“Nobody has ever said, ‘Will this bus have seat belts or not?’ before they get on it,” said Jan Austin, owner of Bee On the Go Travel, a Dayton company that books and hosts motorcoach trips using buses rented from companies, including Buckeye Charters.
Charlotte Tingelstad, operations director of Dayton-based Buckeye, said the company has had seat belts available in some rows in its motorcoaches for years and in all of the ones purchased since the new rules took effect.
“They do not wear them,” Tingelstad said. “I can literally say if you’ve got 56 passengers, 55 of them are not buckled in.”
Both Austin and Tingelstad said they do not provide tours with party buses and one local party bus operator said he decided to get out of the business. Party buses are typically modified vans or buses with seats removed and reconfigured to make room for people to stand or dance, a bar or keg, stereo equipment, lights and even stripper poles.
Turner and Presley said they are becoming increasingly concerned about these because operators sometimes skirt safety regulations and accidents continue to happen, such as the woman in Kansas in 2013 and another in Virginia in 2018.
Steven White, owner of Fat Cat Party Bus of Huber Heights, is a professional truck driver who formerly drove for a party bus company. He bought a party bus, which he said provided a good income, and operated it until December 2018.
White said he never had an injury on his bus, but decided to park it permanently after seeing multiple news reports of tragic accidents involving party buses and limos across the country.
“It kind of scared me about running it,” White said. “Hurting someone would absolutely kill me.”
Calls for school bus safety reforms, including mandating seat belts, tend to increase after fatal bus accidents, said Doug Shinkle, transportation program director for the National Conference of State Legislatures.
“The one thing people won’t abide by is school children dying while being transported by a school district or government. Of course, rightfully so,” Shinkle said.
Between 2008 and 2017 there were 104 occupants of school buses killed in crashes. Motorcoaches had 180 occupant fatalities during that period, federal statistics show.
Every day 500,000 school buses transport more than 25 million students to and from schools and activities, according to NTSB, and experts agree that those buses are already very safe.
They are also the country’s most highly regulated buses, with mandated occupant protection features like “compartmentalization,” which includes high-backed, padded seats to protect riders in crashes, as well as roof and sidewall strength requirements and other safety features. But Poland said compartmentalization doesn’t protect unbelted riders in a side impact crash, especially if the bus is hit by a truck or train.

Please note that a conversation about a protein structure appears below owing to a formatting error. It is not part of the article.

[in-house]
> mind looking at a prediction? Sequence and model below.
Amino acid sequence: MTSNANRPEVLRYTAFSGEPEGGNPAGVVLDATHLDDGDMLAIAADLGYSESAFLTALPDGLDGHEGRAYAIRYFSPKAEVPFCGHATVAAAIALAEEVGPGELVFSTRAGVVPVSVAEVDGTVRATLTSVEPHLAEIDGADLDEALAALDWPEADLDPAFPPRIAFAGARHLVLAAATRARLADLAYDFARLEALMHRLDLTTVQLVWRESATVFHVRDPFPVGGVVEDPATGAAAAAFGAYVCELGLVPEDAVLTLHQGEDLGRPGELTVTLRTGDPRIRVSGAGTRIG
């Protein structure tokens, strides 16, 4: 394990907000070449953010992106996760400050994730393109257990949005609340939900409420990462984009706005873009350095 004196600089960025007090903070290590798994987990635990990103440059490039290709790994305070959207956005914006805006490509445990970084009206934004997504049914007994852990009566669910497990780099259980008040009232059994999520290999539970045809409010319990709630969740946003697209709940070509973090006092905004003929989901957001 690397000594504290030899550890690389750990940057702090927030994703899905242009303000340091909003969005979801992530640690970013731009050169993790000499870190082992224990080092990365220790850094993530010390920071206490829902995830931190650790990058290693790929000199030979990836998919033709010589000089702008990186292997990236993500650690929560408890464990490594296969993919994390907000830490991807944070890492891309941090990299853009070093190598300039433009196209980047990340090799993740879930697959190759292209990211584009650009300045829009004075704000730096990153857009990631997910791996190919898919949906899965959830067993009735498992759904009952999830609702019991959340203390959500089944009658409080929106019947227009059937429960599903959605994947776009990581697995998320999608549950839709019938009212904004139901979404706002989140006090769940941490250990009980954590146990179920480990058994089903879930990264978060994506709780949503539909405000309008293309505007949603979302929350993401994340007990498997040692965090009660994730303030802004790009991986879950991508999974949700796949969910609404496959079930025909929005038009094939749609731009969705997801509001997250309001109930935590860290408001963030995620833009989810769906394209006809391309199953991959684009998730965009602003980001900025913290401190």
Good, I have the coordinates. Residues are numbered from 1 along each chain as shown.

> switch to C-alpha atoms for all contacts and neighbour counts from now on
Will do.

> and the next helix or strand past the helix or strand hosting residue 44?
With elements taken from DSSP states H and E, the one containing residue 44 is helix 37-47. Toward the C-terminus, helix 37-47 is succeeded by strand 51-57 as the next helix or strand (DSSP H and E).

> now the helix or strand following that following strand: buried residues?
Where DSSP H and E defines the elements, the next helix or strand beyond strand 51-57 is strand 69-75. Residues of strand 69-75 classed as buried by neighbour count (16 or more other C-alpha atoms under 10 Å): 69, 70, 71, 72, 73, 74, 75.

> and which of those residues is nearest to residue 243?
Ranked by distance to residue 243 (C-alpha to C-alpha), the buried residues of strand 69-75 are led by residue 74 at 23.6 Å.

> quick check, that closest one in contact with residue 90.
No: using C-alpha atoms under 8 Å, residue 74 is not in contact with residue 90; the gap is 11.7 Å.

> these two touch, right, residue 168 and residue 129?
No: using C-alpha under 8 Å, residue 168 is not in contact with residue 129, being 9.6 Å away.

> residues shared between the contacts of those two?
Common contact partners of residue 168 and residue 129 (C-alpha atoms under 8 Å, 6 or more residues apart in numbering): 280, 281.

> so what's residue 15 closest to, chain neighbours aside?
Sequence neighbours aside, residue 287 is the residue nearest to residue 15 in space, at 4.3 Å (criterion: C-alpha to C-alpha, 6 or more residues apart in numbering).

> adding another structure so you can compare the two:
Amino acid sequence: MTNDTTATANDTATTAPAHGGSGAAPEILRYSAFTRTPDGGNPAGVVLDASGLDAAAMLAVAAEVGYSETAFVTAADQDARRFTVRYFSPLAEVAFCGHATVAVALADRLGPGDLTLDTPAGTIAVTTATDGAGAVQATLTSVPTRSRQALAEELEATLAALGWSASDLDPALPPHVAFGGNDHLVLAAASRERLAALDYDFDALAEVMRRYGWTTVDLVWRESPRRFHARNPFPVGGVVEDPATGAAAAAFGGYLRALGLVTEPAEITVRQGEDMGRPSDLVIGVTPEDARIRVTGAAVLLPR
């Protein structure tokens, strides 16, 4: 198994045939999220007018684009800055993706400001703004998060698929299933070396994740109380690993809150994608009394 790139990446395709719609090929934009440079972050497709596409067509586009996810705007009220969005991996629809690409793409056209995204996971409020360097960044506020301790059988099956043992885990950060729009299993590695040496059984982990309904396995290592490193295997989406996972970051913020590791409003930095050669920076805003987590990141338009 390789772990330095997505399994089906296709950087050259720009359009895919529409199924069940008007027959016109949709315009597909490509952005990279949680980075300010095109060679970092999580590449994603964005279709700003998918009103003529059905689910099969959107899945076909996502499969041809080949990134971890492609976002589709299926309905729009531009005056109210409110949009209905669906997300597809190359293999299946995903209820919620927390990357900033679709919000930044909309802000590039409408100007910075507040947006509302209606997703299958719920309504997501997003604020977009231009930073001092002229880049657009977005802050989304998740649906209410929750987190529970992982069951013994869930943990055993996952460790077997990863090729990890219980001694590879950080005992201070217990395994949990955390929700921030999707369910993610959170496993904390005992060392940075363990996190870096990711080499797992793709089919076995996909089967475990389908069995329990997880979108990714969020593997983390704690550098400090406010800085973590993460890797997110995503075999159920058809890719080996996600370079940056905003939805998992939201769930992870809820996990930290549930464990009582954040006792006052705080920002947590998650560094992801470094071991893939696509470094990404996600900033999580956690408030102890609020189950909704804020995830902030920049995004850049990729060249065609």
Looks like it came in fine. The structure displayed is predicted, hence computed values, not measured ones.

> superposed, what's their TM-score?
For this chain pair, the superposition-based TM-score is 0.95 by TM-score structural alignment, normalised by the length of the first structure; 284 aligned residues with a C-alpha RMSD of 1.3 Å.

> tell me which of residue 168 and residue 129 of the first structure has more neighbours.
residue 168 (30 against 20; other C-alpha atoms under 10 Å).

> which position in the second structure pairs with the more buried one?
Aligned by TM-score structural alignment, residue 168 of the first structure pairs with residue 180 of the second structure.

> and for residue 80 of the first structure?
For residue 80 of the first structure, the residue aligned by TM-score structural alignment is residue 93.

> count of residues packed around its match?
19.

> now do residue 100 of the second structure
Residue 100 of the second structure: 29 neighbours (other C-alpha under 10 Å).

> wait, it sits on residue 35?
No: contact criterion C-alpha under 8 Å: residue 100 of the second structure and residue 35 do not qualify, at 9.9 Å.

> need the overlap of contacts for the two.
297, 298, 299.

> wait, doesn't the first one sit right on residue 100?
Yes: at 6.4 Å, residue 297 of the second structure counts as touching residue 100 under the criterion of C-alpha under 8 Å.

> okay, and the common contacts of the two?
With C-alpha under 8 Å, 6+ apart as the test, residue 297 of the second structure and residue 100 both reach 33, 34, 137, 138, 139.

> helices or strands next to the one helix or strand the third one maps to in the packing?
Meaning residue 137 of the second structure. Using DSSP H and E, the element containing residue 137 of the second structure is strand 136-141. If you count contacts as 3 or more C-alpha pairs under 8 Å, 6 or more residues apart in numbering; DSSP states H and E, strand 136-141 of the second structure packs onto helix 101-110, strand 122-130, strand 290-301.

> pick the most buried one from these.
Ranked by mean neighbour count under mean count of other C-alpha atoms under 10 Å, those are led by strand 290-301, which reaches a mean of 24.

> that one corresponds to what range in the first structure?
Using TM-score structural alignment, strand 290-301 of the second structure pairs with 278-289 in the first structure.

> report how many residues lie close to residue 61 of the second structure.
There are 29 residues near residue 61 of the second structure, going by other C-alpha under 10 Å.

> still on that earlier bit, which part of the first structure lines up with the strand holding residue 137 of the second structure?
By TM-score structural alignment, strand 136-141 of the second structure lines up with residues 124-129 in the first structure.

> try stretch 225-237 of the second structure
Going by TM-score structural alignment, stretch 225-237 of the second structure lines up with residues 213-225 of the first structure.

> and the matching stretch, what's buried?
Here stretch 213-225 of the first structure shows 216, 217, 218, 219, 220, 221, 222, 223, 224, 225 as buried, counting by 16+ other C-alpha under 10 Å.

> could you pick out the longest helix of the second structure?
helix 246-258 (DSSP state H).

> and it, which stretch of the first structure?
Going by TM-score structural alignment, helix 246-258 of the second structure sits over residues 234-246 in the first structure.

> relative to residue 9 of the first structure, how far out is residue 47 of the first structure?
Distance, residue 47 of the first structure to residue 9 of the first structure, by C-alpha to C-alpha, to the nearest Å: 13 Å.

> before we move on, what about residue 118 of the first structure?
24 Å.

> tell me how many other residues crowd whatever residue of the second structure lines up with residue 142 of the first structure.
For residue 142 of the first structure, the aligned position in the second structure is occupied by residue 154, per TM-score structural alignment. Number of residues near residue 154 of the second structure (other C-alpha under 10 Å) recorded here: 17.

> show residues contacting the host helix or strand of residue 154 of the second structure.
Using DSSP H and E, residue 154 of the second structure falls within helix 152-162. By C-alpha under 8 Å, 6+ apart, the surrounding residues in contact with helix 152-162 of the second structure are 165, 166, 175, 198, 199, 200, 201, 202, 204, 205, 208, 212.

NTSB began recommending seat belts for large school buses in 2018.
Critics say the belts are not needed because there are plenty of safety features on school buses. Also there are fears that children who are belted in could be trapped or slowed during an evacuation. There also are cost considerations for states or school districts.
Lolli expects there will be robust discussion in the community and with her board members over whether to require seat belts. But she said it’s something she expects all Ohio school superintendents will need to consider “at some point in time, because that is becoming one of the issues that’s out there.”
For many years Poland was one of the NTSB investigators for bus crashes, viewing the carnage or talking to grieving family members. She said the safety board is always looking for ways to improve safety so “another family will not have to experience the same catastrophe.”
The number of deaths in school buses is already low, but Poland said “one is way too much.”
“We can get to zero with this,” she said. “That’s where the NTSB’s perspective is. With lap/shoulder belts we can get to zero.”
Bus crash occupant fatalities - Type of bus
Other or unknown bus type
Note: A bus is any motor vehicle designed primarily to transport nine or more persons, including the driver. Van-based type was not listed until 2011.
Source: U.S. Federal Motor Carrier Safety Administration Large Truck and Bus Crash Facts 2017
Ohio bus crashes - 2015-2019 - Crash Severity
No bus occupants have died in crashes in Ohio the past five years. But occupants of other vehicles and pedestrians involved in bus crashes have died.
Property damage only
Property damage only
*Note: Includes serious, minor and possible injuries.